Return to Design view and add below the DataGridView a ComboBox named queriesComboBox to the Form. Users will use this control to choose a SELECT query to execute, whose result will be displayed in the DataGridView. Add three items to queriesComboBoxone to match each of the three queries that the TitlesTableAdapter can now perform:

SELECT ISBN, Title, EditionNumber, Copyright FROM Titles

SELECT ISBN, Title, EditionNumber, Copyright FROM Titles
WHERE (Copyright = '2006')

SELECT ISBN, Title, EditionNumber, Copyright FROM Titles
WHERE (Title LIKE '%How to Program') ORDER BY Title

 

Step 13: Customizing the Form's Load Event Handler

Add a line of code to the autogenerated DisplayQueryResultForm_Load event handler, which sets the initial SelectedIndex of the queriesComboBox to 0. Recall that the Load event handler calls the Fill method by default, which executes the first query (the item in index 0). Thus, setting the SelectedIndex causes the ComboBox to display the query that is initially performed when DisplayQueryResultForm first loads.

Step 14: Programming an Event Handler for the ComboBox

Next you must write code that will execute the appropriate query each time the user chooses a different item from queriesComboBox. Double click queriesComboBox in Design view to generate a queriesComboBox_SelectedIndexChanged event handler (lines 4261) in the DisplayQueryResult.cs file (Fig. 20.43). Then to the event handler add a switch statement that invokes the method of titlesTableAdapter that executes the query associated with the ComboBox's current selection (lines 4760). Recall that method Fill (line 50) executes a SELECT query that selects all rows, method FillWithCopyright2006 (lines 5354) executes a SELECT query that selects all rows in which the copyright year is 2006 and method FillWithHowToProgramBooks (lines 5758) executes a query that selects all rows that have "How to Program" at the end of their titles and sorts them in ascending order by title. Each method fills BooksDataSet.Titles with only those rows returned by the corresponding query. Thanks to the data binding relationships created by the IDE, refilling booksDataSet.Titles causes the TitlesDataGridView to display the selected query's result with no additional code.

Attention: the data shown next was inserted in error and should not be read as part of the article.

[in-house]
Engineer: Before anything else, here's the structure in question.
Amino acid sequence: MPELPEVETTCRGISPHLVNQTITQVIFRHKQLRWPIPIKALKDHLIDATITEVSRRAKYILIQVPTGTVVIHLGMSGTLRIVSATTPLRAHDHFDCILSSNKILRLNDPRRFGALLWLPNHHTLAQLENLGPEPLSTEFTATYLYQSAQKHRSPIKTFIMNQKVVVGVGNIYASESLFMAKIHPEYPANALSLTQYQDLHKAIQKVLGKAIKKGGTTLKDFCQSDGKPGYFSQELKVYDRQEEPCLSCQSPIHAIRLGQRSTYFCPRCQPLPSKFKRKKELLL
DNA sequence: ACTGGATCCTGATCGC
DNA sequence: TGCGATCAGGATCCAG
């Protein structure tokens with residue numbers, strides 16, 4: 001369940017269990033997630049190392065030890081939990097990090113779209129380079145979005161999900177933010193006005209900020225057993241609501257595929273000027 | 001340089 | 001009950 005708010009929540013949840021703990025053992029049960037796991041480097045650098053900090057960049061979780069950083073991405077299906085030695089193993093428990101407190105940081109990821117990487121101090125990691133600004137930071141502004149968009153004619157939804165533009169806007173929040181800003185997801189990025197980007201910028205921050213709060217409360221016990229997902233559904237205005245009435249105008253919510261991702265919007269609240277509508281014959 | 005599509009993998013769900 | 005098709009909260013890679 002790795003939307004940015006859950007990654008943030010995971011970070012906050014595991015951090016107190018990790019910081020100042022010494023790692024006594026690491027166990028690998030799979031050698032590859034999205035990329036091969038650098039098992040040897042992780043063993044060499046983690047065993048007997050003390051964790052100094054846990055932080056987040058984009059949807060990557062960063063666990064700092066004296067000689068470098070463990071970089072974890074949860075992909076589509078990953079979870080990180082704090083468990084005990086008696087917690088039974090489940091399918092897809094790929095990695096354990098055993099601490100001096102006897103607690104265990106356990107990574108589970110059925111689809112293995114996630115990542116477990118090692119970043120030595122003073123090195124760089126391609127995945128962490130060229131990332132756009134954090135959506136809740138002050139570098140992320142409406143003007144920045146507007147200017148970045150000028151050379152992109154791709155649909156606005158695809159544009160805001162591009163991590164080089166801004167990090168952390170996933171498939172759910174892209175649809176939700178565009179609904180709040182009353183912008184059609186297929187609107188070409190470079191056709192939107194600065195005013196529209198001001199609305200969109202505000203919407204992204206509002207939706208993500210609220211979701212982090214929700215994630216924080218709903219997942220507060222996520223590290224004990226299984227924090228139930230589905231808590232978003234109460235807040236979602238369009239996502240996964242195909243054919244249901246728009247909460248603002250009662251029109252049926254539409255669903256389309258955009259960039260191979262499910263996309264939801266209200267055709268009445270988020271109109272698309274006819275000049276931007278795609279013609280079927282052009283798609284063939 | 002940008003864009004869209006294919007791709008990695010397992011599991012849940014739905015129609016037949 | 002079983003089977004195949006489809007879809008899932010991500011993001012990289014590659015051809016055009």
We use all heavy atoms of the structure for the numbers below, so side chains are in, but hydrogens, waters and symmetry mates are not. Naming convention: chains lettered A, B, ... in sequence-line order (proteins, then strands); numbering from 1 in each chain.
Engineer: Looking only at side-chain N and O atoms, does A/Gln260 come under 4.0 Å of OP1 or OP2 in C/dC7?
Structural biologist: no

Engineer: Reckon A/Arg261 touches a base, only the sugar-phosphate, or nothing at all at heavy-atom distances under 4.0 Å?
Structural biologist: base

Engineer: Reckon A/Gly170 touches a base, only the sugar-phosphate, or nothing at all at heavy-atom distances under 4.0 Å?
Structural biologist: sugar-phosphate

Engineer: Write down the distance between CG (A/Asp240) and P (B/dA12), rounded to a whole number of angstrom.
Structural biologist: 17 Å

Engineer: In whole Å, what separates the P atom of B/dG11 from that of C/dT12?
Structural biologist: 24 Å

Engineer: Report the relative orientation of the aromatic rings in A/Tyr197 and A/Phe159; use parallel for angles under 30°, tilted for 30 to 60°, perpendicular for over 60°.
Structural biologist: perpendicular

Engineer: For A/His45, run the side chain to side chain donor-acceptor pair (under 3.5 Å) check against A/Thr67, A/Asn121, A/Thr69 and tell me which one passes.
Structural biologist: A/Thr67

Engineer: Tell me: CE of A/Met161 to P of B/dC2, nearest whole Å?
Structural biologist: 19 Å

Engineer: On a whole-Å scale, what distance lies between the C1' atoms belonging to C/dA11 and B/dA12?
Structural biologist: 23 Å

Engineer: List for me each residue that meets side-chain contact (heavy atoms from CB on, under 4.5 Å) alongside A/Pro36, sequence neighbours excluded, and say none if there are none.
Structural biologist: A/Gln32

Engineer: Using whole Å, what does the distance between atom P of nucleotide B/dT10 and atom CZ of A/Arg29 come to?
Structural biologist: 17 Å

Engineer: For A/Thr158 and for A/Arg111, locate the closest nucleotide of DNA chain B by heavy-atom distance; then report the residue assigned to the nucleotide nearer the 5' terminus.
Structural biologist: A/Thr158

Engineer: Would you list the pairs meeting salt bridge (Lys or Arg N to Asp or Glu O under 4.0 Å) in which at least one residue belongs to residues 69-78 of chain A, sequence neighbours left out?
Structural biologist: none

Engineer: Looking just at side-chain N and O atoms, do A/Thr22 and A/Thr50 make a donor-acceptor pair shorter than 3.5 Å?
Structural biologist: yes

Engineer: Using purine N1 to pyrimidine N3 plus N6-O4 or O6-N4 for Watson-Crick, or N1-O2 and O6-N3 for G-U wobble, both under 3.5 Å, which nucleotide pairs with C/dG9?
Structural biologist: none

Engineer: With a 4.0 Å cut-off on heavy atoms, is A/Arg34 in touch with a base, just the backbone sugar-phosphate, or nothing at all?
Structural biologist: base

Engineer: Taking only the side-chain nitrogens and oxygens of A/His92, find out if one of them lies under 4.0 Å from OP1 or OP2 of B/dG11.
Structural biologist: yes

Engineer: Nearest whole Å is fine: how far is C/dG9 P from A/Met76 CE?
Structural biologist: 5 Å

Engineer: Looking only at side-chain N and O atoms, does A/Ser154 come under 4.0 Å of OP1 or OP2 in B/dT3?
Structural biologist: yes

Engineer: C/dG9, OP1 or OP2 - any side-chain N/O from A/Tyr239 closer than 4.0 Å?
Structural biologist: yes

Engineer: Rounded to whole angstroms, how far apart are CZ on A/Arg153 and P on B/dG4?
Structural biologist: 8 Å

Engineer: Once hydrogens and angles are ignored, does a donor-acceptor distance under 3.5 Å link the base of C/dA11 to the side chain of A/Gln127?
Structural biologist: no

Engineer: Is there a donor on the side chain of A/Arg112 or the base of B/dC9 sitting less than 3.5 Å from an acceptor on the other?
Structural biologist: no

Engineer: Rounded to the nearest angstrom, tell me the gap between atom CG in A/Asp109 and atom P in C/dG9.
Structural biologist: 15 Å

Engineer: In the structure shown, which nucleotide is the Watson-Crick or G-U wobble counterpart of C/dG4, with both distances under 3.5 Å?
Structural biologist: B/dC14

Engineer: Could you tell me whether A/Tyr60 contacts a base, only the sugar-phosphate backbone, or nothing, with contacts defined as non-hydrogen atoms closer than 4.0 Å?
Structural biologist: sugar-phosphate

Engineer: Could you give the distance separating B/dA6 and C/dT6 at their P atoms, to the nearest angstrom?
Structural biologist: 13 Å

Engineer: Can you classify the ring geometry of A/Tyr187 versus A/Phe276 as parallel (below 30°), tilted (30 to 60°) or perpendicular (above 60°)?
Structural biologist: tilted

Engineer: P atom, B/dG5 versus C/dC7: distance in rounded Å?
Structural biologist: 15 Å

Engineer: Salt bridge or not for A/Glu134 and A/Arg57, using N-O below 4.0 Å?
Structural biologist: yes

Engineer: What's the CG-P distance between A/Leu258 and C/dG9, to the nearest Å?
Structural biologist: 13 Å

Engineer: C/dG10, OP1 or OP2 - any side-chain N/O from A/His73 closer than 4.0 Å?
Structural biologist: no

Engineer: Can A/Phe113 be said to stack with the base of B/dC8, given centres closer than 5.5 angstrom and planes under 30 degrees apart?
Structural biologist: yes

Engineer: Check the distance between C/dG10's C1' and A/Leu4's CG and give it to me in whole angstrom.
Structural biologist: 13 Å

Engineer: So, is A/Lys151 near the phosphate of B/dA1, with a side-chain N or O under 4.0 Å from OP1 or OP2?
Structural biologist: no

Figure 20.43. Displaying the result of a user-selected query in a DataGridView.

 1 // Fig. 20.43: DisplayQueryResult.cs
 2 // Displays the result of a user-selected query in a DataGridView.
 3 using System;
 4 using System.Windows.Forms;
 5
 6 namespace DisplayQueryResult
 7 {
 8 public partial class DisplayQueryResultForm : Form
 9 {
10 public DisplayQueryResultForm()
11 {
12 InitializeComponent();
13 } // end DisplayQueryResultForm constructor
14
15 // Click event handler for the Save Button in the
16 // BindingNavigator saves the changes made to the data
17 private void titlesBindingNavigatorSaveItem_Click(
18  object sender, EventArgs e )
19 {
20 this.Validate();
21 this.titlesBindingSource.EndEdit();
22 this.titlesTableAdapter.Update( this.booksDataSet.Titles );
23 } // end method titlesBindingNavigatorSaveItem_Click
24
25 // loads data into the booksDataSet.Titles table,
26 // which is then displayed in the DataGridView
27 private void DisplayQueryResultForm_Load(
28  object sender, EventArgs e )
29 {